## Dice outcomes

The table below shows all of the possible outcomes for the roll of two dice. If we look at an example, where a blot is left within six pips of an opponent’s checker. This is within range of a direct hit. The table shows that there are 11 rolls that include a six on at least one die. This equates to 31% of all rolls. Therefore, there is nearly a 1 in 3 chance of the blot being hit.

Now if we consider a blot being left 7 pips away from an opposing checker, we need to combine two dice to reach the required total. If we examine the rolls, we can see that there are only 6 rolls that total 7. This equates to 17% of all rolls. If we move the blot further away to 11 pips, we see that there are only 2 possible rolls that can hit the blot. This equates to 6% of all rolls. In general, the further away from the blot, the less likely it is to be hit. Based on these numbers if you need to leave blots, try and leave them at least 7 pips away from an opposing checker as this significantly lowers the chance of being hit.

## Probability

The **probability** diagram below shows the chances of being hit via both direct and indirect shots. This increases the likelihood of being hit inside 6 pips when both dice are combined. This clearly shows that the most dangerous place to leave a blot is 6 pips away from an opposing checker. If you have no secure points in between the opposing checker and the blot, it will be hit 47% of the time. In contrast, a blot 1 point away from an opposing checker will only be hit 31% of the time.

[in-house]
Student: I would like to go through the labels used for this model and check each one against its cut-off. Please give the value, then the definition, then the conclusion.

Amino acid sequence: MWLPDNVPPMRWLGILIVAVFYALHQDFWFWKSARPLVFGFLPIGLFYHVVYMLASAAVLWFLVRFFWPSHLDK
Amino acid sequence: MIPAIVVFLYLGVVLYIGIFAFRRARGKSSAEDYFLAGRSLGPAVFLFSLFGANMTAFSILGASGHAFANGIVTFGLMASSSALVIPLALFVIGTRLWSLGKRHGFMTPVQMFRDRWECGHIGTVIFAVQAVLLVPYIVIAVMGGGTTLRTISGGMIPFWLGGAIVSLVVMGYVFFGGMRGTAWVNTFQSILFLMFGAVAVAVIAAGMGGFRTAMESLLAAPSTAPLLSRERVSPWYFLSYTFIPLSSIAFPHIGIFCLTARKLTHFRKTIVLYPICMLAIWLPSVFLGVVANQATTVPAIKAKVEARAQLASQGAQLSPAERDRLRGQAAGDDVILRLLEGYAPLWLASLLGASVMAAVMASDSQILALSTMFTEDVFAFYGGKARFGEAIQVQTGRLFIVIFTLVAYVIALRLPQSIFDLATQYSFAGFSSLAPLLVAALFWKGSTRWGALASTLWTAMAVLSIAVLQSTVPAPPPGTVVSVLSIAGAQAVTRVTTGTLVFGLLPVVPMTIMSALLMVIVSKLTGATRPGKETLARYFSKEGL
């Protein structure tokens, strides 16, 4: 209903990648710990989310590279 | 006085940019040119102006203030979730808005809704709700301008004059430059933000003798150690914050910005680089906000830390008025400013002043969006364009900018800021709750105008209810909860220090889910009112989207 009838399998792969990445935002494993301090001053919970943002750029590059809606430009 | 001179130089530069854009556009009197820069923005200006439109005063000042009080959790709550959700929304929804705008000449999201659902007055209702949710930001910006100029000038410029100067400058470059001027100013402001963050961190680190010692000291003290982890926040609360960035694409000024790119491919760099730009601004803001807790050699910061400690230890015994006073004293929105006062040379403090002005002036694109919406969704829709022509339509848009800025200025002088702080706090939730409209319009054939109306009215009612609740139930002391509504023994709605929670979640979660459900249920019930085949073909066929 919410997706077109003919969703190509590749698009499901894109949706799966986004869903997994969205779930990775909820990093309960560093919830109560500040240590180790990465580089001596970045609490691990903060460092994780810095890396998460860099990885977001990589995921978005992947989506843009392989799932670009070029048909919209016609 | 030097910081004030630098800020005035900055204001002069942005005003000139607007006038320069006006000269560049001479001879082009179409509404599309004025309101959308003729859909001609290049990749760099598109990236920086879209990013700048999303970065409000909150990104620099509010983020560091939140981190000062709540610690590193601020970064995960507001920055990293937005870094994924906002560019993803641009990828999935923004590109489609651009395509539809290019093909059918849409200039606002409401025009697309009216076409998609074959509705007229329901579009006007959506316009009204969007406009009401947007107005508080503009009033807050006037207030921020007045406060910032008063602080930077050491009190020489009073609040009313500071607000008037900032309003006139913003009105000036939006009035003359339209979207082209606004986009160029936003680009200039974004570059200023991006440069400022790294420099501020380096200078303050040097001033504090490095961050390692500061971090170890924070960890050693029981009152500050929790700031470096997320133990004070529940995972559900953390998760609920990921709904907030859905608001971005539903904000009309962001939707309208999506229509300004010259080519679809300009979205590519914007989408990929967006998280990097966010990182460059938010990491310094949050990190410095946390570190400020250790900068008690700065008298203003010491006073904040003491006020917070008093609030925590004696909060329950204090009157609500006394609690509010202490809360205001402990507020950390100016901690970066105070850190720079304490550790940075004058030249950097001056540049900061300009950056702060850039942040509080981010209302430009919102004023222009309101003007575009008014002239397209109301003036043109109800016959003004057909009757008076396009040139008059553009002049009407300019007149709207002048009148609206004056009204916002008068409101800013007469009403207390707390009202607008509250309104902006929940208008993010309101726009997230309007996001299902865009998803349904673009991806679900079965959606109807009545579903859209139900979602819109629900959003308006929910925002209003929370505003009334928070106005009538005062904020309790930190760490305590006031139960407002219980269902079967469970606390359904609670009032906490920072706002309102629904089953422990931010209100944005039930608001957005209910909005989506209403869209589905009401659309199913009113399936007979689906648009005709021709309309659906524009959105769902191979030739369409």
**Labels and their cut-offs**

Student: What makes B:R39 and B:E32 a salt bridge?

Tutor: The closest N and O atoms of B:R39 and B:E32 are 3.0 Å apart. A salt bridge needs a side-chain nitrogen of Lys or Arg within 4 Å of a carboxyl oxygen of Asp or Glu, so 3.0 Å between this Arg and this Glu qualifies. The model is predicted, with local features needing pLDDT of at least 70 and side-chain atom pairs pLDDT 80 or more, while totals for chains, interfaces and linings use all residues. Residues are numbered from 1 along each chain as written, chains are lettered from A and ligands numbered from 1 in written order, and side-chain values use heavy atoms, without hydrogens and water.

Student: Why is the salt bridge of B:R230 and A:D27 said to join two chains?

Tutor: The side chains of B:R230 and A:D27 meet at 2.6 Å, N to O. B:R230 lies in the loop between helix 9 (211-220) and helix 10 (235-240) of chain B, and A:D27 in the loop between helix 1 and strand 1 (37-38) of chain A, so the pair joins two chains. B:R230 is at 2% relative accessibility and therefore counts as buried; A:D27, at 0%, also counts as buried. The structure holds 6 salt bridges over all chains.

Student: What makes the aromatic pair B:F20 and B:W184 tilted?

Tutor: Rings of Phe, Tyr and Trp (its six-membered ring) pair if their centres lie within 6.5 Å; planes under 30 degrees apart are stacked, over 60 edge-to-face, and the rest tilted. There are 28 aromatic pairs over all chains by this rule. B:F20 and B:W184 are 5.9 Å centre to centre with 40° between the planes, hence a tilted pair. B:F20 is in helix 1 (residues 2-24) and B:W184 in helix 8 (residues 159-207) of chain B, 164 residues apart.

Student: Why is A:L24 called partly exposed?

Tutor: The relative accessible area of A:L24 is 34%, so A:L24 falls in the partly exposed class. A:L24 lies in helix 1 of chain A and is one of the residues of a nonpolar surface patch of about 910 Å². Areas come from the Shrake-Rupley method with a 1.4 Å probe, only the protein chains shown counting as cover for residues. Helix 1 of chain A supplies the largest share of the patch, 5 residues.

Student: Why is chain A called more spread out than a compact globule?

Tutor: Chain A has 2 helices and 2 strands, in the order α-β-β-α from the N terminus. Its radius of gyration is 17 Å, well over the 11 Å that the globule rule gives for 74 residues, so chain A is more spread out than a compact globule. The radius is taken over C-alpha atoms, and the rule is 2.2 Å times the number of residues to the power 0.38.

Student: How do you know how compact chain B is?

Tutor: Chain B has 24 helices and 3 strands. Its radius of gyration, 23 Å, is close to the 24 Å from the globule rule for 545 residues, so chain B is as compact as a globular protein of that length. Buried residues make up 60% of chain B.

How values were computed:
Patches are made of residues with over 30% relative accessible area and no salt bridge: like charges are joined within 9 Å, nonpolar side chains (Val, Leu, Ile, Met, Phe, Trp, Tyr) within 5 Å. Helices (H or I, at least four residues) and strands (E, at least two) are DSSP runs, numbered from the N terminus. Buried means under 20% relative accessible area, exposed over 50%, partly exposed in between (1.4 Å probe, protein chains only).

The general rule here is if you have to leave a blot in range of a direct hit, the closer to the opposing checker the better. The table assumes that the board is open for every possible throw. If part of the throw is blocked by an intervening point being held by opposing checkers, the chance of being hit is less.

### Hitting

These numbers can also be applied on those occasions when you want to be hit in backgammon. This may sound counterintuitive to novices as from the very beginning most players are taught that being hit should be avoided at all costs. However, there are certainly times when you will want to be hit to re-establish yourself in the game. Perhaps, you want to slow down the play or recycle some checkers to position yourself to hit your opponent. On these occasions, you definitely want to be leaving your blots within range of a direct hit.

In summary, the **general rule** in backgammon is to avoid direct hits where possible. This is because when you get hit, you not only lose ground in the race, but also half your next roll just to re-enter. There is also the possibility of being unable to re-enter and forfeiting the turn if your opponent’s board is closed.

### Related content

**Backgammon, basic defensive play**.

An interesting video on **MonkeySee** discusses the difference between **direct and indirect shots**.

If I roll a 2 and a 3, can I hit my opponents open blot with my 3 roll and continue moving my same piece another 2 spots or do I have to leave my man on the space that I hit my opponents blot and move a different man 2 space to complete my turn?

Hi Katie, you certainly can

move the same checkerboth the 3 and the 2, as long as the point it is moving to is open (not occupied by two or more opposing checkers). Thanks for taking the time to comment, Jason.